Monday, April 18, 2011
Free to Be
by Julie Anne Peters
National Book Award finalist 2004, Stonewall Honor Book 2005, Lambda Award finalist 2005
Regan's brother Liam has always been a bit different. His best friends have always been girls and he's always had an interest in fashion. His father suspects that he might be gay, but only Regan knows the truth. Liam is transgendered. Every night she keeps Regan up at odd hours while she dons her dresses, wigs, and make-up, permitting her true self, Luna, to emerge.
This novel is essentially the story of Luna's transition, as seen through Regan's eyes. Unfortunately, with its contemporary setting in the western United States, that story is not a very pleasant one. In addition to a male chauvisnist father and a pill-popping mother who refuse to accept the reality of the situation, Luna has to deal with the taunting of her classmates and local townspeople. With the lack of support and understanding presented to her, Luna contemplates suicide numerous times, and without Regan, who, despite her selfish wish that Luna was not so different, provides the only moral support in this difficult period of Luna's life, she may well have done more than contemplate.
Ms. Peters does a good job of explaining a complex and somewhat controversial topic in terms that a younger audience can understand, though I feel that the book would have been more powerful if told through Luna's point-of-view, rather than Regan's. The decision to use Regan as narrator has ensured that the audience remain outsiders incapable of understanding the problems of a transgendered youth first-hand. While Regan is sympathetic of Luna's plight, she can never truly understand the thought processes that go through Luna's mind, and thus, neither can the readers. True, some readers may be alienated by a book told from the perspective of a transgendered individual, but if so, this book was not written for them in the first place.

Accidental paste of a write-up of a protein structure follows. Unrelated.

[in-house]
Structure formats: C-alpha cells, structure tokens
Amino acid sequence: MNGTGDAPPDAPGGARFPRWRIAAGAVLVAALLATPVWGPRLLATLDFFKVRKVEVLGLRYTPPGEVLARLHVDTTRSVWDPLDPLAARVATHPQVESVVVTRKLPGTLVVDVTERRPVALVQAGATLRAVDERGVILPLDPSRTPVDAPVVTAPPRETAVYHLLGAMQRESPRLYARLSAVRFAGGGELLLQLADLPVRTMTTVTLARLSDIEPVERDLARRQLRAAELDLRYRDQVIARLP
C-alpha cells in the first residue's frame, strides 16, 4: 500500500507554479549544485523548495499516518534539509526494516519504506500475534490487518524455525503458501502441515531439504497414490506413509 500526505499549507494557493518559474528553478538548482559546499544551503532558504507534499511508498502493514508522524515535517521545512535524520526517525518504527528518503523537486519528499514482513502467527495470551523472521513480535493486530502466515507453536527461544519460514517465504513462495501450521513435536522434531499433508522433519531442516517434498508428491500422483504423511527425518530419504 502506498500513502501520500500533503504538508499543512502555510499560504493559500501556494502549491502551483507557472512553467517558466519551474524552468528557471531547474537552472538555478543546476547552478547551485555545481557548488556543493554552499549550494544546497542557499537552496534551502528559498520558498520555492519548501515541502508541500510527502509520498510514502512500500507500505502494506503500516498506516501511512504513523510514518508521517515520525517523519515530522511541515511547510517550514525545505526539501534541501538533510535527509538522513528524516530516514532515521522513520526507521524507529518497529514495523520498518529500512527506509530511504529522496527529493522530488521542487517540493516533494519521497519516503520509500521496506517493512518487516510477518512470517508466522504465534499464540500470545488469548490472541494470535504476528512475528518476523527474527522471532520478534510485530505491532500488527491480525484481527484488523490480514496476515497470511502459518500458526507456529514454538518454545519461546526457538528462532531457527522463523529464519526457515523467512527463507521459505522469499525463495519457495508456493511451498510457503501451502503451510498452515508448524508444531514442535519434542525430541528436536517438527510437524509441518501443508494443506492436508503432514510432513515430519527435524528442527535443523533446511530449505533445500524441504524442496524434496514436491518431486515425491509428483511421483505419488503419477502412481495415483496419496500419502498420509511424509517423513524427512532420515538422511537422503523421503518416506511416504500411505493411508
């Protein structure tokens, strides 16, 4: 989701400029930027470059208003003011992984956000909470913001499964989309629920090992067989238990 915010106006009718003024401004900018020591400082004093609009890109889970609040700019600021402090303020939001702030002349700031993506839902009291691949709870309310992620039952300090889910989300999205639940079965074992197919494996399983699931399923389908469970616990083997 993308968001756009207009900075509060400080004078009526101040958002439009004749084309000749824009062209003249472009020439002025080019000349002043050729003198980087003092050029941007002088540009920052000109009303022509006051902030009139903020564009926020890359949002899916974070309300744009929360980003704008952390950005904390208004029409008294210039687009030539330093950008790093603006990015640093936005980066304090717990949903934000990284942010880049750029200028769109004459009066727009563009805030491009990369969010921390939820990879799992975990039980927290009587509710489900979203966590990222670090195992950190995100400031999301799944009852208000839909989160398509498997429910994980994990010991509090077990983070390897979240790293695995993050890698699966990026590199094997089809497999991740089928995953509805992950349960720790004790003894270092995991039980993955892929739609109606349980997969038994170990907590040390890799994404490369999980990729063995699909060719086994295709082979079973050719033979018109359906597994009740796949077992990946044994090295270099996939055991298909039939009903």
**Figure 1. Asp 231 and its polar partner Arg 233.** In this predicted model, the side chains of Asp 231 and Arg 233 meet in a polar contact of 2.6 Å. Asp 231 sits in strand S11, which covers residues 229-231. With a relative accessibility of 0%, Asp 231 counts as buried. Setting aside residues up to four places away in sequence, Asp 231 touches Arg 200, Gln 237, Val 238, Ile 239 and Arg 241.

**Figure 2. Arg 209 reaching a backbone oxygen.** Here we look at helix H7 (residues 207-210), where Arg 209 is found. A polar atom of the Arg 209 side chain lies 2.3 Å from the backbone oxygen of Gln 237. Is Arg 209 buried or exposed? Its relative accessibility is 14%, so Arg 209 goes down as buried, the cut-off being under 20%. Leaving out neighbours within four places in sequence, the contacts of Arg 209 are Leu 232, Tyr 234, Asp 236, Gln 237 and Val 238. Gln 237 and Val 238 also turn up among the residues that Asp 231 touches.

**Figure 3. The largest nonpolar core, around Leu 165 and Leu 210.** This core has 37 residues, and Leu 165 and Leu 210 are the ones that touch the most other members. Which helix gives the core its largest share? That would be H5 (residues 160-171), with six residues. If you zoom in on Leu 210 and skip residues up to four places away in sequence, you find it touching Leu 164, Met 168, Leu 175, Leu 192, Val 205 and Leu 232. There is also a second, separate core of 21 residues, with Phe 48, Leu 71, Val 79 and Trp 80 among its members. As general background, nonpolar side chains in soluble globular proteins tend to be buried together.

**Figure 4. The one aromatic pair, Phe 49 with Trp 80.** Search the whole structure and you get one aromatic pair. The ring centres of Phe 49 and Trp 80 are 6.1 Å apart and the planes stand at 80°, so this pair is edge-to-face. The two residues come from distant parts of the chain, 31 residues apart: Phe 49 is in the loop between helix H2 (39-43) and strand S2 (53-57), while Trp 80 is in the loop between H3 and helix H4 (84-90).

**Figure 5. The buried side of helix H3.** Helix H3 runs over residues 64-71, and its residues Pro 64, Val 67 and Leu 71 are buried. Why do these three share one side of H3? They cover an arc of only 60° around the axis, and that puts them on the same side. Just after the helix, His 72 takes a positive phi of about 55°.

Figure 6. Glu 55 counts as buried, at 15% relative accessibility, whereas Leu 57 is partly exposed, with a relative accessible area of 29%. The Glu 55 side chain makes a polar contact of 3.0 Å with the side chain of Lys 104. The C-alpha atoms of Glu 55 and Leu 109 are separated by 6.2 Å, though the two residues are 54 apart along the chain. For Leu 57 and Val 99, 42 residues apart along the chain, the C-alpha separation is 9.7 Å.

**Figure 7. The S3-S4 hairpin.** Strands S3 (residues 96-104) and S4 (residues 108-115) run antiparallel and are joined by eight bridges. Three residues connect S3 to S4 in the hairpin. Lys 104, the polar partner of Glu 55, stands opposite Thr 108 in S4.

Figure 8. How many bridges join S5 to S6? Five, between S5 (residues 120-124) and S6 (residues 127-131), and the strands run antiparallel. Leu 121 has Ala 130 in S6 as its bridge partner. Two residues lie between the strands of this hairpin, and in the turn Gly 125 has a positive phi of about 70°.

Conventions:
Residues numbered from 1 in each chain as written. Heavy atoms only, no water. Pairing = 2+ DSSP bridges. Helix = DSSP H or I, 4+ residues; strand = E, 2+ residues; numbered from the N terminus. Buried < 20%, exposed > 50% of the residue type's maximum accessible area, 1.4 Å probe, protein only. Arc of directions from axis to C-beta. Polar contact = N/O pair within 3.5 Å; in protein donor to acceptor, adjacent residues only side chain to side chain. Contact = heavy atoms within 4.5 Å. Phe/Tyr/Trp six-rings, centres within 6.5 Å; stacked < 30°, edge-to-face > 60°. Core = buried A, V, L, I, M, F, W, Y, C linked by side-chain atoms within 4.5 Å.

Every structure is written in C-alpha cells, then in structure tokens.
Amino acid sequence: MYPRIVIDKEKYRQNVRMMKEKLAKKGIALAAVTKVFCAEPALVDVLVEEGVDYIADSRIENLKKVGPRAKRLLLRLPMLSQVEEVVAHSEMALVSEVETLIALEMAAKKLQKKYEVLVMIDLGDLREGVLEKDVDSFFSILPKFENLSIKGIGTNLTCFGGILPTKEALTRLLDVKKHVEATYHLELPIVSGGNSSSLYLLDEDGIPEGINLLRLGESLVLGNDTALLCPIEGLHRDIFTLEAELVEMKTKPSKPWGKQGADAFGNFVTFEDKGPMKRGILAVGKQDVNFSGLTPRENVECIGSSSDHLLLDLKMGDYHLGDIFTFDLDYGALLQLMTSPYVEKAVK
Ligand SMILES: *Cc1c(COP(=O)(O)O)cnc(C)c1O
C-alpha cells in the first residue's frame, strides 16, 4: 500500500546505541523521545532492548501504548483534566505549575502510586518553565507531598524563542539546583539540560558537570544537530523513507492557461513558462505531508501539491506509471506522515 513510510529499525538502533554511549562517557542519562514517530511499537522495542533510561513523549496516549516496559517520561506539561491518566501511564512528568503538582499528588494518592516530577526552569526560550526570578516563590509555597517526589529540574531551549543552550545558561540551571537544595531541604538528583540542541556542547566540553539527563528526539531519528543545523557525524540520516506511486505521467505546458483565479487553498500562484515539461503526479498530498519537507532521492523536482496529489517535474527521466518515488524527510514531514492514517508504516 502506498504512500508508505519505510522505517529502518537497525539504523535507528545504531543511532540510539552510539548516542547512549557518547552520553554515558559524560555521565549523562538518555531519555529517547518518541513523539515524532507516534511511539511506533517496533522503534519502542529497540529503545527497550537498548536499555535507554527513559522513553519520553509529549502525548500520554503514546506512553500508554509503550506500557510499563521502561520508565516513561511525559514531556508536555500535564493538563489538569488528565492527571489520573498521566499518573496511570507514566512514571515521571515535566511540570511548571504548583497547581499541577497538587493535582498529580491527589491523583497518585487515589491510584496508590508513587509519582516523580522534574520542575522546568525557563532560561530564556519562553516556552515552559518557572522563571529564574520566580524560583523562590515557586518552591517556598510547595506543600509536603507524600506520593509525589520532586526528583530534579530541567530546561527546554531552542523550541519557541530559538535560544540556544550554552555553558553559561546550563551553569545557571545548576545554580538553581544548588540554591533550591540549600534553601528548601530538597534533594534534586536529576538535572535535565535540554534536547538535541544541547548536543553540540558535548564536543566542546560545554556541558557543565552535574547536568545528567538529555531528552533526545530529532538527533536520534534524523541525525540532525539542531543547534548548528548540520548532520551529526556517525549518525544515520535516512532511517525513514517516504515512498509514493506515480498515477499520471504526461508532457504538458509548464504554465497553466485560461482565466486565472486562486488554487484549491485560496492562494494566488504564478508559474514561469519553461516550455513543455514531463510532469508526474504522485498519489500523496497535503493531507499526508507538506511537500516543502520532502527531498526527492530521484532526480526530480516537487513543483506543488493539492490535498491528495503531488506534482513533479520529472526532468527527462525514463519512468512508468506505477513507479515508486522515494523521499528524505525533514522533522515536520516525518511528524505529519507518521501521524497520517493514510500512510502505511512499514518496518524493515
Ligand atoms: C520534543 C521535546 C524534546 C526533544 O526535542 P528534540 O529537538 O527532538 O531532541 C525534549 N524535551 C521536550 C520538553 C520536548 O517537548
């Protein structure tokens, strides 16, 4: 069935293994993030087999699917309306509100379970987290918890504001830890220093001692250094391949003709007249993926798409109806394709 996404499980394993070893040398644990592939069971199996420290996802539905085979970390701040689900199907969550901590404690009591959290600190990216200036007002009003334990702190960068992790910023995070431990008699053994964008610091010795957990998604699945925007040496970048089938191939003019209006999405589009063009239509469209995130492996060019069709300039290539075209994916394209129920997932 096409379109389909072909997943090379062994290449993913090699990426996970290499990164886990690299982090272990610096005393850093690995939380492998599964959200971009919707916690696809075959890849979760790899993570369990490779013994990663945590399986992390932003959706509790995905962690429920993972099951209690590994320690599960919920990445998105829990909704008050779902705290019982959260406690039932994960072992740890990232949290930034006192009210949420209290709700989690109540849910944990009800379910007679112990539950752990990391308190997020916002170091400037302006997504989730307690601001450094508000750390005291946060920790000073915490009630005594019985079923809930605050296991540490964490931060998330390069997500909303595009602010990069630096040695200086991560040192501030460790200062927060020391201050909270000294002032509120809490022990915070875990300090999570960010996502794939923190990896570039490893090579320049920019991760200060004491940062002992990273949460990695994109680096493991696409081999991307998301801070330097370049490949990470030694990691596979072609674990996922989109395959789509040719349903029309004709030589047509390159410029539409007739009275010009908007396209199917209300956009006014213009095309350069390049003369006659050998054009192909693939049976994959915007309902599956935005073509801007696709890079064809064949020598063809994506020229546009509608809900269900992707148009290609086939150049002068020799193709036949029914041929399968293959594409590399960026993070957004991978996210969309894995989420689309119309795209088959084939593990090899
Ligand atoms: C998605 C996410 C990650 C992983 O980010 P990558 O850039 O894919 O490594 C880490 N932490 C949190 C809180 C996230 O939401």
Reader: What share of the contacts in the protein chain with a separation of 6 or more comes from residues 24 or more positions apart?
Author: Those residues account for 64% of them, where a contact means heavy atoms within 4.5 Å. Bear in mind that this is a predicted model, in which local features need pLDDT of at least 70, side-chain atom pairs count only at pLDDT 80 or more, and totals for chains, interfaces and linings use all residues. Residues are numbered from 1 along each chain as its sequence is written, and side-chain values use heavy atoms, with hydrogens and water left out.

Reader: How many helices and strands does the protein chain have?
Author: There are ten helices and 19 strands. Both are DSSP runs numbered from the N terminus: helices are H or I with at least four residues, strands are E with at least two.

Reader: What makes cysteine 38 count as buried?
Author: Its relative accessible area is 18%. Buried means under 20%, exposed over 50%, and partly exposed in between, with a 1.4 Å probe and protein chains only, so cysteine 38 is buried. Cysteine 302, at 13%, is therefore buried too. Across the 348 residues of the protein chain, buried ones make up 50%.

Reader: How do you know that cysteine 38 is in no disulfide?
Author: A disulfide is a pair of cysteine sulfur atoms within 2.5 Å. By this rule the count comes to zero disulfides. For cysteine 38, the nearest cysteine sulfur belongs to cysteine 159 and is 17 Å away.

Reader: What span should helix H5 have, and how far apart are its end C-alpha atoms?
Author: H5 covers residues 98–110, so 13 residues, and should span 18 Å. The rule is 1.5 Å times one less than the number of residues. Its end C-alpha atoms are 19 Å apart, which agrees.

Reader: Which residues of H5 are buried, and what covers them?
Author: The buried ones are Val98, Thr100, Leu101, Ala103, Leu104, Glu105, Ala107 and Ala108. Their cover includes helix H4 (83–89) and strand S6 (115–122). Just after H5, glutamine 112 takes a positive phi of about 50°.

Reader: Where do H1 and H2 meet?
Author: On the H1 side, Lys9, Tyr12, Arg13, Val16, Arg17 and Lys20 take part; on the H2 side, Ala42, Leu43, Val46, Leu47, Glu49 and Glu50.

I found Regan to be a rather selfish character, more concerned with how her classmates and potential boyfriend would view her as Luna's sister than with how Luna was coping with her situation. Also, I felt that the characterization could have been stronger. Some aspects of the characters, such as their interests and hobbies, seemed like they were just tossed in as an after-thought. For example, Luna apparently is a manga fan, as exemplified by a scene in which her friend Aly returns a copy of Love Hina. But this interest is never explored, which makes me think the author was merely trying to retain the contemporary feel without any knowledge of the pop culture she mentions in passing.
Also, I realize that I am probably ridiculously naive and idealistic, but I seriously had to keep reminding myself that such biased individuals as Jack, the father of Regan and Luna, actually exist. I know that discrimination is still a major issue, especially in the transgender commmunity, but I can't fathom why. People are people. It's very simple. And we should all be free to live our lives however we may choose, provided that no one else is harmed.
I am glad this novel exists so that it might provide some understanding to people who otherwise might fear or mock transgendered people. While there were some minor flaws, I would still gladly recommend this novel.